I'm not a poet. So in some ways I lack the vocabulary to praise Clifford Brooks' The Draw of Broken Eyes and Whirling Metaphysics. But I am a reader, and as a reader I can tell you that this is among the best work of its kind I've read.
The book comprises three sections. The first two are named in the title; the third is "Gateman's Hymn of the Ignoracium." In the first two, Brooks explores the everyday in language that's at once lyrical and lively. There is nothing of the academic in lines like "Kerouac drank double time/because he was lumped in with junkie friends" or "little towns don't wear time well," but everything of the real. In the third and startlingly brilliant--not to suggest the previous two were anything but--Brooks jumps from the quotidian to the mythic. He takes on the same subject matter as Dante and Milton, the Great War in Heaven and its eternal aftermath. In "Gatesman's Hymn," the narrator is a noncombatant--an angel who didn't take sides in Lucifer's Revolt and thus as a neutral sorts out the damned and fits them to apt punishment. In "Soldiers of the Gateman," we see his emissaries, demons from cultures as diverse as the Persian Zoroastrians and the Algonkians; in "Monsters," he catalogues the torments that child molesters have earned. The section ends with the chilling line, "all your sins are remembered." This is the strongest element of an already sturdy collection.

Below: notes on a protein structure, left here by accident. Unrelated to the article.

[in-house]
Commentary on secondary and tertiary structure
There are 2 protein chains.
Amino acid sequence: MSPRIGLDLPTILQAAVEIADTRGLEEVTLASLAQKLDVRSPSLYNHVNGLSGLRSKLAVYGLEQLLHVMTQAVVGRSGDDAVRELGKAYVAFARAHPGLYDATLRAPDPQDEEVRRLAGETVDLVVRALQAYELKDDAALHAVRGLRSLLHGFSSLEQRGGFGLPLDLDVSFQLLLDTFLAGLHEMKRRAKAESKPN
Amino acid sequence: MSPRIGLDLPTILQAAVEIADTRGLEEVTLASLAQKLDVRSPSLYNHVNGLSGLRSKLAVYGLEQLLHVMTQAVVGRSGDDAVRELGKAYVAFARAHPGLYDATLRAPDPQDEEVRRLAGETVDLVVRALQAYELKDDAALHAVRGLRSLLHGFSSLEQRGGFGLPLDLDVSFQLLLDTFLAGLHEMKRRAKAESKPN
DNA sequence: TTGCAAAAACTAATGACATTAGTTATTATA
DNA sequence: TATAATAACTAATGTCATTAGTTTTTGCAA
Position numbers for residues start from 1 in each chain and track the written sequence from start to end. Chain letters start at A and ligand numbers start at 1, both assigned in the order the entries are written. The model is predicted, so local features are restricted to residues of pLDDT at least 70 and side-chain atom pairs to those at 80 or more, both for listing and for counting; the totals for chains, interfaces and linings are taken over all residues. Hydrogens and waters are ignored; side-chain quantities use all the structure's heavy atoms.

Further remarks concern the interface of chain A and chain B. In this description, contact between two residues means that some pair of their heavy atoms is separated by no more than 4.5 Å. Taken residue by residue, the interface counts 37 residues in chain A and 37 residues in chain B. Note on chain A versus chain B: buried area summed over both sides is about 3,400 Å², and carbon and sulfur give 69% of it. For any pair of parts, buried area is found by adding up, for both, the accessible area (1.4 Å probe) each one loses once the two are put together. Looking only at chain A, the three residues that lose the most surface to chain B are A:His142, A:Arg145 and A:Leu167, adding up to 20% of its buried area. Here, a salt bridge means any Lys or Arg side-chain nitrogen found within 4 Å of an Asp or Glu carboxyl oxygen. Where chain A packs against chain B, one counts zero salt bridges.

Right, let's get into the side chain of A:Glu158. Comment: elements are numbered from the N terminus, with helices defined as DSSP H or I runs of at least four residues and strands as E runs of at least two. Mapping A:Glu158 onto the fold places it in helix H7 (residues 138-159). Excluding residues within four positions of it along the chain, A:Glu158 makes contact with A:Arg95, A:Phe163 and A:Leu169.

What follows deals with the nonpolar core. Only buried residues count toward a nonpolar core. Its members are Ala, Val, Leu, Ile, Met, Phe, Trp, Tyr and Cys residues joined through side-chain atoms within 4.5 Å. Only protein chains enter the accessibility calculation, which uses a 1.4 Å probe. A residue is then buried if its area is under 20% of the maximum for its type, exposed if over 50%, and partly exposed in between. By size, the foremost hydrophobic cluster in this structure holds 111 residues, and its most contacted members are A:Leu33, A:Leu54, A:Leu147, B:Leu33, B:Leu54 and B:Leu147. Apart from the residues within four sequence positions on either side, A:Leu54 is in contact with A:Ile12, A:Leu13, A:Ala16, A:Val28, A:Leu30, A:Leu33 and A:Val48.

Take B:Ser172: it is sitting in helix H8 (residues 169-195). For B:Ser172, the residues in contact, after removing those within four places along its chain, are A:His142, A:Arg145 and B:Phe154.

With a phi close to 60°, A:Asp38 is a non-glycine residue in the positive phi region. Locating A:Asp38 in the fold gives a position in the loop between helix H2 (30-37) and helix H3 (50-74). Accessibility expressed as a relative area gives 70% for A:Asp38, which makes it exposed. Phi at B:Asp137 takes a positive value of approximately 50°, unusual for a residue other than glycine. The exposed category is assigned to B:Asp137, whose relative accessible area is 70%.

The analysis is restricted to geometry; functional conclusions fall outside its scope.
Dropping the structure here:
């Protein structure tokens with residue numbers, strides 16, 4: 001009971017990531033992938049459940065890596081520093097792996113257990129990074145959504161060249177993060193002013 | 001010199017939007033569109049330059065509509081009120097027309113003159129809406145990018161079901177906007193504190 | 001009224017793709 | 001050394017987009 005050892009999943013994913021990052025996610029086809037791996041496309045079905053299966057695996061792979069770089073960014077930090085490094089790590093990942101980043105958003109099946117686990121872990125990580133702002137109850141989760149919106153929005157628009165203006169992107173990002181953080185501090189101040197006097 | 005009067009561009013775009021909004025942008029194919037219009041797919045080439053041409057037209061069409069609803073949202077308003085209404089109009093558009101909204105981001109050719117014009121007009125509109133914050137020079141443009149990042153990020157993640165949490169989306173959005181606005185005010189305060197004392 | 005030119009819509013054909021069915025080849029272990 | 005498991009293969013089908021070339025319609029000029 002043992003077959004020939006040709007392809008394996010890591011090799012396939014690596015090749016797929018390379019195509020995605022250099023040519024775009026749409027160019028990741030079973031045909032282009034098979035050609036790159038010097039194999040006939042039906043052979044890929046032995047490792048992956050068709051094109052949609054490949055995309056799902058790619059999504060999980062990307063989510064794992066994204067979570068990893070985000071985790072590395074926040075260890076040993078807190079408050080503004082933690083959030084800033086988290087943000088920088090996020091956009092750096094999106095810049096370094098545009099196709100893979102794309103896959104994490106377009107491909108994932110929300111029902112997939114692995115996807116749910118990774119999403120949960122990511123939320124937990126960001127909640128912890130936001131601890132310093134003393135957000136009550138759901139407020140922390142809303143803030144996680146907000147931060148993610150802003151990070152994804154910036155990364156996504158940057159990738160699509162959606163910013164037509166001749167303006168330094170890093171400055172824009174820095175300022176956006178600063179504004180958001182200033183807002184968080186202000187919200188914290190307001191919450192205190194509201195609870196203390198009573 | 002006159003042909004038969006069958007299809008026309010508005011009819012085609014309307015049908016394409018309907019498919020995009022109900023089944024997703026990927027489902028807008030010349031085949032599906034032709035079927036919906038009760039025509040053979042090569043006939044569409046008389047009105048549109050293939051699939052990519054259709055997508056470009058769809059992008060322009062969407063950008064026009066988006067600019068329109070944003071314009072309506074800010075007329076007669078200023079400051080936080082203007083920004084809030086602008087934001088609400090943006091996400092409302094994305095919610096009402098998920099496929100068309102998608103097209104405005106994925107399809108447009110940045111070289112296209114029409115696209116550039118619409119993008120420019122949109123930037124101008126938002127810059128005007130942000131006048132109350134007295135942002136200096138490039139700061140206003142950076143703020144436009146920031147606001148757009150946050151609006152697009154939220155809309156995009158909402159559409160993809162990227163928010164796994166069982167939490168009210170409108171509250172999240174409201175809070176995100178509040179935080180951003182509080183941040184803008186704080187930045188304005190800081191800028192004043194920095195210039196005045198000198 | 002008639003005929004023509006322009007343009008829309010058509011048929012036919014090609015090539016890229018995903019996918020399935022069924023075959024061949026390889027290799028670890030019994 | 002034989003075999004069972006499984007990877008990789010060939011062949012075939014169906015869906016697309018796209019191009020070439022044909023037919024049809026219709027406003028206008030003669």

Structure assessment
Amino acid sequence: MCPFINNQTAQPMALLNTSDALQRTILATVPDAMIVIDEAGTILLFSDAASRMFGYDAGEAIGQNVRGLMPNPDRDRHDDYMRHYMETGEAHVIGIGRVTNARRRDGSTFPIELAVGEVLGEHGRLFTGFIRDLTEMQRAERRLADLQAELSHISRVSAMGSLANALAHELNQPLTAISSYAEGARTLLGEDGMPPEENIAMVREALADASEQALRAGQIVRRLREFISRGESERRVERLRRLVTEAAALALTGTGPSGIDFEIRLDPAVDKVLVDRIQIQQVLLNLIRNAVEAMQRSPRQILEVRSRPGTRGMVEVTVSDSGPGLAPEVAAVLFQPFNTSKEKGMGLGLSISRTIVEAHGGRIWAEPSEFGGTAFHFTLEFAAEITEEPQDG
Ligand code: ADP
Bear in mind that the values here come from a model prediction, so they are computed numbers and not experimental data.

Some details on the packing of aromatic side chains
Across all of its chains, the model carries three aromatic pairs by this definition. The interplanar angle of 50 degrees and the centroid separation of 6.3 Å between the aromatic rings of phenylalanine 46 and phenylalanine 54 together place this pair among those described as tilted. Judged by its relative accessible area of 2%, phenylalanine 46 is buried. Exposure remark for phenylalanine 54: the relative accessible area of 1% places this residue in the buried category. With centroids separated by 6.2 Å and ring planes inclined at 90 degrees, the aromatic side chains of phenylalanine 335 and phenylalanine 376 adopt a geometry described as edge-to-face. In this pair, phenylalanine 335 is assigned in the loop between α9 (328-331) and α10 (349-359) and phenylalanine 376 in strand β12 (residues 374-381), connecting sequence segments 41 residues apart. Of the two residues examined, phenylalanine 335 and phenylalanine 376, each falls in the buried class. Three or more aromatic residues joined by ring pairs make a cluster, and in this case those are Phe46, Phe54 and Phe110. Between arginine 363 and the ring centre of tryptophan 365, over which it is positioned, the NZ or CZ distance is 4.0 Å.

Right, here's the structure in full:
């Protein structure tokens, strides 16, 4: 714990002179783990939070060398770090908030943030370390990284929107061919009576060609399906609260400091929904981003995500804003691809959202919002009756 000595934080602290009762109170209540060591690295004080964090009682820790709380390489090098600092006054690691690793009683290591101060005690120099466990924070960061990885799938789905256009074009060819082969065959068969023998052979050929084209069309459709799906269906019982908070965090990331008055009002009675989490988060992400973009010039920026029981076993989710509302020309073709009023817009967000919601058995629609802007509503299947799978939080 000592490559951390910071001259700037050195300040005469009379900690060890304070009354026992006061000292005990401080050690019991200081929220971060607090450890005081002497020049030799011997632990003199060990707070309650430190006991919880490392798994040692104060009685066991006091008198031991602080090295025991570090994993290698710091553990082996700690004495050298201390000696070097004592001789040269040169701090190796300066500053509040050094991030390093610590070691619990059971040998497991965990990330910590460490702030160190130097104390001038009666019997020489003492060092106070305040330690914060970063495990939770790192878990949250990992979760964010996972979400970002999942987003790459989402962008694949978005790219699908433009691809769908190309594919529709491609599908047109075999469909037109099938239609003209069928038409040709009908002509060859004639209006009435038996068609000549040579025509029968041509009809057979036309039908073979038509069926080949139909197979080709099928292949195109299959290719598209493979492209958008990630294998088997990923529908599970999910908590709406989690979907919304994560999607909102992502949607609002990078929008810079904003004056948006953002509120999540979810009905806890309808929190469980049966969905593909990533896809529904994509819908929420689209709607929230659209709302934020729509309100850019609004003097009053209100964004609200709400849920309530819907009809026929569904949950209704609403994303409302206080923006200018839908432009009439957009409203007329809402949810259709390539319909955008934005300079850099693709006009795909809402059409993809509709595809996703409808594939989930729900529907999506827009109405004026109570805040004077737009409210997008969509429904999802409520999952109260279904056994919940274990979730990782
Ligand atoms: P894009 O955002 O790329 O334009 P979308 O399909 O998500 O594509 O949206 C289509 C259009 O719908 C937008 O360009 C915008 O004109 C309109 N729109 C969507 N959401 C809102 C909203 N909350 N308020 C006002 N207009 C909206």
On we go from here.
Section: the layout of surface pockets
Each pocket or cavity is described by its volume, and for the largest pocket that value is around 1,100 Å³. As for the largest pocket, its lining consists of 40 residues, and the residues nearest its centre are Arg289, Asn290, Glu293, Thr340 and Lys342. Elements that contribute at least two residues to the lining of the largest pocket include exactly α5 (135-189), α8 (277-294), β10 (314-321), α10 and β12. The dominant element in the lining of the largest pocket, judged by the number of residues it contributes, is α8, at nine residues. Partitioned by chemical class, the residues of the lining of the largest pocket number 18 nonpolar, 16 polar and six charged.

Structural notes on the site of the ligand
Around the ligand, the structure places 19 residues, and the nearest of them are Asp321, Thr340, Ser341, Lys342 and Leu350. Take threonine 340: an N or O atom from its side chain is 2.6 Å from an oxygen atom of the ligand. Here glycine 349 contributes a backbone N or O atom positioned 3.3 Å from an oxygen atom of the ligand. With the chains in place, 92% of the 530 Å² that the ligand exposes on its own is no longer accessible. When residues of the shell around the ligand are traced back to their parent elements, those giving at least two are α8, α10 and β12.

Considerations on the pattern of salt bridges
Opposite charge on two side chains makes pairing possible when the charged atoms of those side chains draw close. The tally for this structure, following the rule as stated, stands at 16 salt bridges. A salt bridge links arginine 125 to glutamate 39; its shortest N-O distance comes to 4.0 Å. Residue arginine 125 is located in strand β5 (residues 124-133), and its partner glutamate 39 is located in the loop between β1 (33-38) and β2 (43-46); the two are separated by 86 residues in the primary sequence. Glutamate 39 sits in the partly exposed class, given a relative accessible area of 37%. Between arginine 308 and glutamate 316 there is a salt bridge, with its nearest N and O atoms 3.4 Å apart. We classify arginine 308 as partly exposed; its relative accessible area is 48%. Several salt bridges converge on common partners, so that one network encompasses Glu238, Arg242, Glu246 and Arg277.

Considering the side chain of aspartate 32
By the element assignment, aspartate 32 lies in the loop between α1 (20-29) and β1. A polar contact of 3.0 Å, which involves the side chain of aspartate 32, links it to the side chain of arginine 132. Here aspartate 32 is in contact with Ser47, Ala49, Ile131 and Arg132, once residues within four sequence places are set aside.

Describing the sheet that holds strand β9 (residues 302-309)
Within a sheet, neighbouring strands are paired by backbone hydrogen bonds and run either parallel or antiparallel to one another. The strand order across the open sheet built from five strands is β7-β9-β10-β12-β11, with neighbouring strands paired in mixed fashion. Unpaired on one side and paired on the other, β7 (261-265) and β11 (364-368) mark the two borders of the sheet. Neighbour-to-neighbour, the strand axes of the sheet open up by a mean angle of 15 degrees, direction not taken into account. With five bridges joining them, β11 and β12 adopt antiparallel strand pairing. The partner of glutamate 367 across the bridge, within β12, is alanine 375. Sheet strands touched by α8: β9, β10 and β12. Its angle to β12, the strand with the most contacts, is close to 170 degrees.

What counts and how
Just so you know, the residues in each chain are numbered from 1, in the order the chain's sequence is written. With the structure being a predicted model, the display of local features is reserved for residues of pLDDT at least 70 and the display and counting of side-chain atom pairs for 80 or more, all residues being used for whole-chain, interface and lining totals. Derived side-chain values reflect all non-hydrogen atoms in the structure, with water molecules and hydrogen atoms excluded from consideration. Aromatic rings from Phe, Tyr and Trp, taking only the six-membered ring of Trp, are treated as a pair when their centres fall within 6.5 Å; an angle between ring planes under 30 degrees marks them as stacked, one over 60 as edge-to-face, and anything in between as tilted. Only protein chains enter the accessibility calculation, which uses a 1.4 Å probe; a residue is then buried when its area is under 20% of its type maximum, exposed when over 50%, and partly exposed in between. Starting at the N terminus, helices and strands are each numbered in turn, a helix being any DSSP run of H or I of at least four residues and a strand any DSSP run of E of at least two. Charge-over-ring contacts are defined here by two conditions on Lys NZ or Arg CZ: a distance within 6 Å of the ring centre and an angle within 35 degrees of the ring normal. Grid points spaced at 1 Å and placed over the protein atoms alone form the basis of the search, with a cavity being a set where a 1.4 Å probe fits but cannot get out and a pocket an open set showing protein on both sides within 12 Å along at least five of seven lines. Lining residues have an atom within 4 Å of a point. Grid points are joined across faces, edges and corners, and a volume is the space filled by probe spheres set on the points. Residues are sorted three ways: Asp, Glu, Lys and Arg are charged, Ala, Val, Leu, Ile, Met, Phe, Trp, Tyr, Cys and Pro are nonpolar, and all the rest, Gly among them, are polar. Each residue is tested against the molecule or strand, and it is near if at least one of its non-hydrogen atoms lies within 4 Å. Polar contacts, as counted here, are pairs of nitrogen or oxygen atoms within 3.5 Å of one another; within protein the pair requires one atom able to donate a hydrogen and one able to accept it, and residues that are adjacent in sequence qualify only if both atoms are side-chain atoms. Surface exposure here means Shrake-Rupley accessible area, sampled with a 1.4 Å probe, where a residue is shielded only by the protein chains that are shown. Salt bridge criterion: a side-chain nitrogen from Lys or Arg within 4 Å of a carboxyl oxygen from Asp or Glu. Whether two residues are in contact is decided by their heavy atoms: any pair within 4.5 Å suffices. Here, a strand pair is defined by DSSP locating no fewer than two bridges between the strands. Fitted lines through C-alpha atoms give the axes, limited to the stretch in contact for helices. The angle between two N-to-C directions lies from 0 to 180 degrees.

Brooks clearly writes his heart out in every line on every page. We should be grateful that he did.